Outgoing SMTP Servers

Robert Drake rdrake at direcpath.com
Wed Oct 26 05:29:58 UTC 2011

On 10/25/2011 11:17 AM, Owen DeLong wrote:
> But that applies to port 25 also, so, I'm not understanding the difference.
>> Other people running open port 587s tends to be quite self-correcting.
> At this point, so do open port 25s.

The differences is in intentions from the user.   All SMTP servers are 
supposed to accept incoming email to their domain on port 25, if they 
get a connection from a random IP they can check spf, dkim and dns 
blacklists but that's all they can do to see the reputation of the 
sender.  Blocking port 25 is an ISP based list of who is allowed to send 

Port 587 is supposed to only be used for MUA-MTA communications.  If 
mx.hello.com gets a 587 connection from anyone and they say "mail from: 
<anyone other than hello.com>" the server can drop that as wrong.

Yes it's nasty and dumb, but it works better than spf, DKIM and other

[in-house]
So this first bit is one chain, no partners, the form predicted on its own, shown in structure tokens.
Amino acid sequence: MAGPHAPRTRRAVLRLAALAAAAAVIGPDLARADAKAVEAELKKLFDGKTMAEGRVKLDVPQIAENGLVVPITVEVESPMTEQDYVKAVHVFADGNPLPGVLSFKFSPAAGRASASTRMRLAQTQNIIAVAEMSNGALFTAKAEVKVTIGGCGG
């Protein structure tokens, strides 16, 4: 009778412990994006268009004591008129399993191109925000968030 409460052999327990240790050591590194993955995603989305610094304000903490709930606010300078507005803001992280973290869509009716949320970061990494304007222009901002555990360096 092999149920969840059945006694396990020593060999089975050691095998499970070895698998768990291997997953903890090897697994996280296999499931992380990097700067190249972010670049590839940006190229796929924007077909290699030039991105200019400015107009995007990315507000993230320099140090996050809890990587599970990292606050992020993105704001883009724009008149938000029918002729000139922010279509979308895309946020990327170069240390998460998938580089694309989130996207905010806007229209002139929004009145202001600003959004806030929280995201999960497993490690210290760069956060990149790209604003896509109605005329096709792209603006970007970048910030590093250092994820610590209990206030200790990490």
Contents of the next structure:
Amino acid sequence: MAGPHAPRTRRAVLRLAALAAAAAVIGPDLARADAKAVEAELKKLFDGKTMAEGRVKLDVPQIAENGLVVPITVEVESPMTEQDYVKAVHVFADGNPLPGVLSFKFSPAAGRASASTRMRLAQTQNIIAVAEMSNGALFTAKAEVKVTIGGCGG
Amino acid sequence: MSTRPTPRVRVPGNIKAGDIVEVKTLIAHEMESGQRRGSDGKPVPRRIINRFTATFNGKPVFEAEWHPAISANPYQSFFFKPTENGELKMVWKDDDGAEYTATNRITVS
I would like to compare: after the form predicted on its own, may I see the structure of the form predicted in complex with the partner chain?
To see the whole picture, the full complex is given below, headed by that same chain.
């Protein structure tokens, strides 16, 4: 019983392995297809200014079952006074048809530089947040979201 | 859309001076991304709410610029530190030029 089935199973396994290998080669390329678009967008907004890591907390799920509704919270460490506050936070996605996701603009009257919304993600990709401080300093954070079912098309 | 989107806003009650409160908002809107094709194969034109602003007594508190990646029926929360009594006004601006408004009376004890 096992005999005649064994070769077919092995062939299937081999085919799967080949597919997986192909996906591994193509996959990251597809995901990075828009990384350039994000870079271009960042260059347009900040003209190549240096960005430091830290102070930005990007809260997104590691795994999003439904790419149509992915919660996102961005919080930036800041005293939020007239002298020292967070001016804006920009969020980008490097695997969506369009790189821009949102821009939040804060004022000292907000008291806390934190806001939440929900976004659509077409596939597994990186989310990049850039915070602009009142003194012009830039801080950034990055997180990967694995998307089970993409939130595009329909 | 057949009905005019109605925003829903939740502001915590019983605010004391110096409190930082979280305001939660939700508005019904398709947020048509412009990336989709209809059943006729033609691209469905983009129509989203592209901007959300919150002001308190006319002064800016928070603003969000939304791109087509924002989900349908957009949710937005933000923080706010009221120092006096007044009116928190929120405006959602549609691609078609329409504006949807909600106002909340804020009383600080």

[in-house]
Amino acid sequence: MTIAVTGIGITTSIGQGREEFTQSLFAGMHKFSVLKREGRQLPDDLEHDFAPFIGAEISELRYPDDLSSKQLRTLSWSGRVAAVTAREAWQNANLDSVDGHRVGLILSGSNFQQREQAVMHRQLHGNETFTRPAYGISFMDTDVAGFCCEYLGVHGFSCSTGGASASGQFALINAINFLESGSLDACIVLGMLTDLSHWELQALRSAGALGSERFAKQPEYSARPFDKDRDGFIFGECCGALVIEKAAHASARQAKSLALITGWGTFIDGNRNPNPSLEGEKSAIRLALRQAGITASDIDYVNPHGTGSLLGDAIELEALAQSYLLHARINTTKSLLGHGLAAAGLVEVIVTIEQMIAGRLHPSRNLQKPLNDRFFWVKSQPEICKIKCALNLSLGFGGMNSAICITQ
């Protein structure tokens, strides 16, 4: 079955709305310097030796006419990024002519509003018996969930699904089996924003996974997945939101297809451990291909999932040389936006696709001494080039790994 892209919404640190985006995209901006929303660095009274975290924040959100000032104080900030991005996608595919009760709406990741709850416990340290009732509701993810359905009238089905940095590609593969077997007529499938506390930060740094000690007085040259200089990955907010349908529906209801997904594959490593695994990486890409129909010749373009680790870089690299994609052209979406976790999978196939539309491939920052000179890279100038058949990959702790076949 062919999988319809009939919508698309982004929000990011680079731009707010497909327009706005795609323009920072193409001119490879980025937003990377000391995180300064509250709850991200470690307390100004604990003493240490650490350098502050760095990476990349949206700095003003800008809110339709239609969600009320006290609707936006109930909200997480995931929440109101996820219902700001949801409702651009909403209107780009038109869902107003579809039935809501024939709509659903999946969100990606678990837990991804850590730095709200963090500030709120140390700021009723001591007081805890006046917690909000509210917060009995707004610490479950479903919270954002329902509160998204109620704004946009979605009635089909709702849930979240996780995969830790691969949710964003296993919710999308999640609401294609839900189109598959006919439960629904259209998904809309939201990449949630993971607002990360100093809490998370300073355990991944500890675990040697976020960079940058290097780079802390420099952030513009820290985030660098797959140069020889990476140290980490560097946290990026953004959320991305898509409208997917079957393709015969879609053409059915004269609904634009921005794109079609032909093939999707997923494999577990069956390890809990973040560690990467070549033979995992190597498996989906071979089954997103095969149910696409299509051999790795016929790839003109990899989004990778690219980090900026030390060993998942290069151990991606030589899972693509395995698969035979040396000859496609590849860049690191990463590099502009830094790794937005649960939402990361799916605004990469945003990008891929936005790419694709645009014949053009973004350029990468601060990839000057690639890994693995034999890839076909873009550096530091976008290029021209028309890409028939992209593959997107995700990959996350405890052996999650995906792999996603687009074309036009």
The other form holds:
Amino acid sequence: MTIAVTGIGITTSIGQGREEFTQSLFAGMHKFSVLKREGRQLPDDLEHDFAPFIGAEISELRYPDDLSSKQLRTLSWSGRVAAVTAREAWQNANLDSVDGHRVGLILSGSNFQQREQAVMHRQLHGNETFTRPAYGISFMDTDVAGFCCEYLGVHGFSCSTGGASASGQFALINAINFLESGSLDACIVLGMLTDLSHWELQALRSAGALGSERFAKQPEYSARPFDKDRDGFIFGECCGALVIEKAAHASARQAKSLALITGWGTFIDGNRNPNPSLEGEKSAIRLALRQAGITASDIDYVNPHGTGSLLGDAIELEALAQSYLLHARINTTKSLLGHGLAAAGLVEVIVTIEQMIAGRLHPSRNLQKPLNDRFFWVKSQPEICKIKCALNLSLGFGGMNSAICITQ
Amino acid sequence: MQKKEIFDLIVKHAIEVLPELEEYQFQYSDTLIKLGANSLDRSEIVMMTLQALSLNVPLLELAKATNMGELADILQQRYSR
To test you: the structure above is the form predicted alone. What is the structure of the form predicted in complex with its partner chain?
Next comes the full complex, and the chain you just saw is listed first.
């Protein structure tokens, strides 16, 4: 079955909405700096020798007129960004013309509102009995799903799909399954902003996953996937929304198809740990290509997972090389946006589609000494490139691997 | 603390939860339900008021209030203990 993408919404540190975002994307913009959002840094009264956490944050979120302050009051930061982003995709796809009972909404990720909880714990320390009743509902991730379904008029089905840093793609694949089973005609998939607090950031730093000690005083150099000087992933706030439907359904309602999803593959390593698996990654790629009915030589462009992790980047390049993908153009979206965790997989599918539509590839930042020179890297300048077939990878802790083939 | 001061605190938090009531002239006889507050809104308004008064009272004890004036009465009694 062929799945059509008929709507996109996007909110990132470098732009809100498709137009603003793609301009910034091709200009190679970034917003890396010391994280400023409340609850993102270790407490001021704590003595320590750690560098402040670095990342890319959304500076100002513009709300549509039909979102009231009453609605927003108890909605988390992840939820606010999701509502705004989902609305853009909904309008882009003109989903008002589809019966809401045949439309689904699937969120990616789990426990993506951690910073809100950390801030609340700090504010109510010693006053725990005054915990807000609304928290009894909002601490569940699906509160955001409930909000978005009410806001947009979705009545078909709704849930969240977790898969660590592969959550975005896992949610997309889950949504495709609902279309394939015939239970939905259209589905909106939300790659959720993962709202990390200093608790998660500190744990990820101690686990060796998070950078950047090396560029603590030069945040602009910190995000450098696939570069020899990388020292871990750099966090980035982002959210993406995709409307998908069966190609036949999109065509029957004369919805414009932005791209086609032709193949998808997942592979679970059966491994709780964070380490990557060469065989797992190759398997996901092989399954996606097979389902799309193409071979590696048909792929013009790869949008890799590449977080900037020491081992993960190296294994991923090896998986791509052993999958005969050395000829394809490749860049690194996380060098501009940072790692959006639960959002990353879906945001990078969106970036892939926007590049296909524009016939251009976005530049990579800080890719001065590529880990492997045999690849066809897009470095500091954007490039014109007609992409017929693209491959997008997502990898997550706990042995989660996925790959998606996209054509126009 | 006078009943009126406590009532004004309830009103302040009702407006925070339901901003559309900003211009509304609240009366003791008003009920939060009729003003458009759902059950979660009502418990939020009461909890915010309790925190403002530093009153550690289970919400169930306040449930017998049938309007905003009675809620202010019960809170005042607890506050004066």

technology right now.    Maybe spf could be extended into reverse zones 
and who they're permitted to send mail for (too many ISP's don't let 
even business users update reverse records), maybe spf or a protocol 
like it will become required in the future so you know who can be 
trusted when they connect, or reputation or greylisting will take off, 
except for having to store reputation about all IP's and all /64s so the 
database isn't easily maintained.  I think spf with dkim (with caveats 
worked out) would be the best solution but anything that requires a flag 
day with SMTP basically isn't gonna happen.

> Owen


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